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A house with a for sale sign is seen in the Cabbagetown neighbourhood in Toronto in this file photo. (Matthew Sherwood For The Globe and Mail)
A house with a for sale sign is seen in the Cabbagetown neighbourhood in Toronto in this file photo. (Matthew Sherwood For The Globe and Mail)

Ontario urged to act on housing as Toronto-area home prices hit record Add to ...

Pressure is growing on the Ontario government to announce measures to cool the Toronto region’s overheated housing sector as detached home prices climbed 33 per cent in March to a record high, and as Toronto Mayor John Tory called on policy makers to ensure speculators are not driving up the market.

The average detached house in the Greater Toronto Area sold for $1,214,422 last month, up 33.4 per cent from $910,375 in March last year, according to sales data released Wednesday by the Toronto Real Estate Board (TREB).

The average edged slightly above the prior record value of $1,205,815 set in February this year as the sale price of homes in communities surrounding Toronto climbed even more quickly than prices in the City of Toronto.

Read also: Scotiabank executive 'concerned' about Toronto housing market (subscribers)

Coming weeks before Ontario is expected to unveil its spring budget, the March sales numbers are adding fuel to calls for reforms to cool the overheated Toronto market.

Mr. Tory said Wednesday that skyrocketing housing prices were putting people in a “desperate situation” and that governments need to act.

“It’s deeply concerning because people are not only losing hope of having a home, a rental or an ownership home, but they’re losing even just the mathematical ability to contemplate it, let alone what they hoped for,” he told reporters.

The Mayor said city officials are studying the idea of a tax on vacant units, similar to one imposed in Vancouver, to try to curb speculation. He also urged the province to review the rules that govern real estate agents to try to calm “frenzied bidding” wars for houses, and to help increase the supply of affordable housing.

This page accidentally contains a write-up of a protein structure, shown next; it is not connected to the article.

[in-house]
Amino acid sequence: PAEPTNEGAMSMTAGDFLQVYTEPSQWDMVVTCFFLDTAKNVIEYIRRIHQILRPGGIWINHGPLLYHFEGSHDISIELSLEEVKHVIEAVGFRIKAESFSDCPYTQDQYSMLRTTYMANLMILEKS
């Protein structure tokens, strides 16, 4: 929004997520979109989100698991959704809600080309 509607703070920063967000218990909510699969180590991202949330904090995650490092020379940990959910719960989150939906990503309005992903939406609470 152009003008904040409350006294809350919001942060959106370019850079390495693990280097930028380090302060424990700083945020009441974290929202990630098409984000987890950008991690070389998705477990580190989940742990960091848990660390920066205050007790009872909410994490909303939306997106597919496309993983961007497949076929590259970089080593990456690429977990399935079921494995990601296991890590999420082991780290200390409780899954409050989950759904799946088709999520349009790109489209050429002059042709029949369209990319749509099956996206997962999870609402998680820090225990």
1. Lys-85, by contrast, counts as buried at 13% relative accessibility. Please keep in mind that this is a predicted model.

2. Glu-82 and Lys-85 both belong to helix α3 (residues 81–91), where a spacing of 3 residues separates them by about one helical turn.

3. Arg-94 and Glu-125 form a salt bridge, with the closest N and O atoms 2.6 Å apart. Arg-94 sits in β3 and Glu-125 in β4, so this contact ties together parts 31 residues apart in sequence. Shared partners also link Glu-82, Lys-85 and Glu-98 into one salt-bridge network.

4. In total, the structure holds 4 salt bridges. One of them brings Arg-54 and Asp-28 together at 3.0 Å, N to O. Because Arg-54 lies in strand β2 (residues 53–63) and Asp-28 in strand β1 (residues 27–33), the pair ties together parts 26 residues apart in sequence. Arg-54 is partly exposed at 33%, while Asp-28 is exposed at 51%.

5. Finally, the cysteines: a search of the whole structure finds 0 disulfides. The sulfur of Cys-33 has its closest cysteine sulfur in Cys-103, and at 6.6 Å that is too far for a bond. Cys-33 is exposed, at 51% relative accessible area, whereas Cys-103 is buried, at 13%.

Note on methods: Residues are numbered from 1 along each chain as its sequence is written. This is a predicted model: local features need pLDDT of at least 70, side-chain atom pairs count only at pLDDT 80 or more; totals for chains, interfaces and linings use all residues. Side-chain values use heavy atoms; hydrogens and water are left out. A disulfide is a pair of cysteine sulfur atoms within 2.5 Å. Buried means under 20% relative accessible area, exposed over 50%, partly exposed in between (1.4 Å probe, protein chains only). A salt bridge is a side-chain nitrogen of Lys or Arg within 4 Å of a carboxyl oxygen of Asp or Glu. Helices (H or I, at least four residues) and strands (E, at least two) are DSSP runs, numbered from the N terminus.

Ontario Finance Minister Charles Sousa said Wednesday his government wants to find a way to help buyers in Toronto’s market, but warned there is no “silver bullet” that can solve Toronto’s real estate issues. He said there is no consensus from stakeholders about how to proceed, and it is difficult for the government to predict the market’s reaction to any reform initiative.

“To what extent any one measure will have a positive impact or negative impact is questionable and we’re still trying to ensure we put nobody in harm’s way,” he said.

The sale price of all homes in the GTA – including houses and condominiums – climbed to an average of $916,567 in March, a 33.2-per-cent increase from $688,011 in March, 2016. TREB said the GTA hasn’t seen a higher rate of growth in overall home prices since 1989, just before the city’s last major real estate crash.

Canadian Imperial Bank of Commerce economist Benjamin Tal said something has happened to drive up prices in the Toronto market recently beyond normal tight supply constraints that have pushed prices higher for years. He credits a combination of “bubble fatigue” – which he defines as potential buyers jumping into the market after tiring of waiting for a crash in house prices – and a move by investors and speculators to enter the market.

Although there is little data to show what proportion of houses are being purchased by investors, Mr. Tal says an increase in flipping activity must lie behind the recent frenzy.

“That’s why an appropriate policy response is so important at this point,” he said.

Bank of Montreal economist Robert Kavcic said the market “remains drum tight” and price growth rates are pushing close to the heights that Vancouver saw last year before a tax on foreign buyers helped cool the market.

However, TREB president Larry Cerqua urged the province not to “implement any knee-jerk policies.” TREB has previously rejected proposals for a tax on foreign buyers, and has urged governments to focus on measures that will help encourage construction of new homes.

Shawn Zigelstein, a Royal LePage realtor based in Richmond Hill, north of Toronto, said the market is hottest in areas such as his outside the city of Toronto, but he is not confident that new tax measures could slow price growth.

He said he sees little speculation among his clients, and few vacant homes. Houses he visits with his clients are occupied, he says, and the only vacant house his group has coming up for listing is an estate sale where the owner has died.

“Whether it’s a tax on vacant homes or a speculators tax … I don’t think it’s going to slow the market down at all,” Mr. Zigelstein said. “I think all it’s going to do is give some extra money to the government because people purchasing those types of properties are really not seeing an extra few thousand dollars [in tax] as a big hiccup for them.”

But John Pasalis, president of Toronto firm Realosophy, believes there is investor speculation in the market, and that the rate of price appreciation in recent months is “alarmingly high.”

Detached home prices climbed more quickly outside Toronto than in the city last month, TREB said. In communities surrounding Toronto, detached homes sold for an average of $1,124,088 in March, up 34 per cent from a year earlier, but also up 1.6 per cent over February this year.

In the City of Toronto, however, the average detached home price fell 0.75 per cent in March compared with February, averaging $1,561,780 compared with $1,573,622 a month earlier.

With a file from Canadian Press

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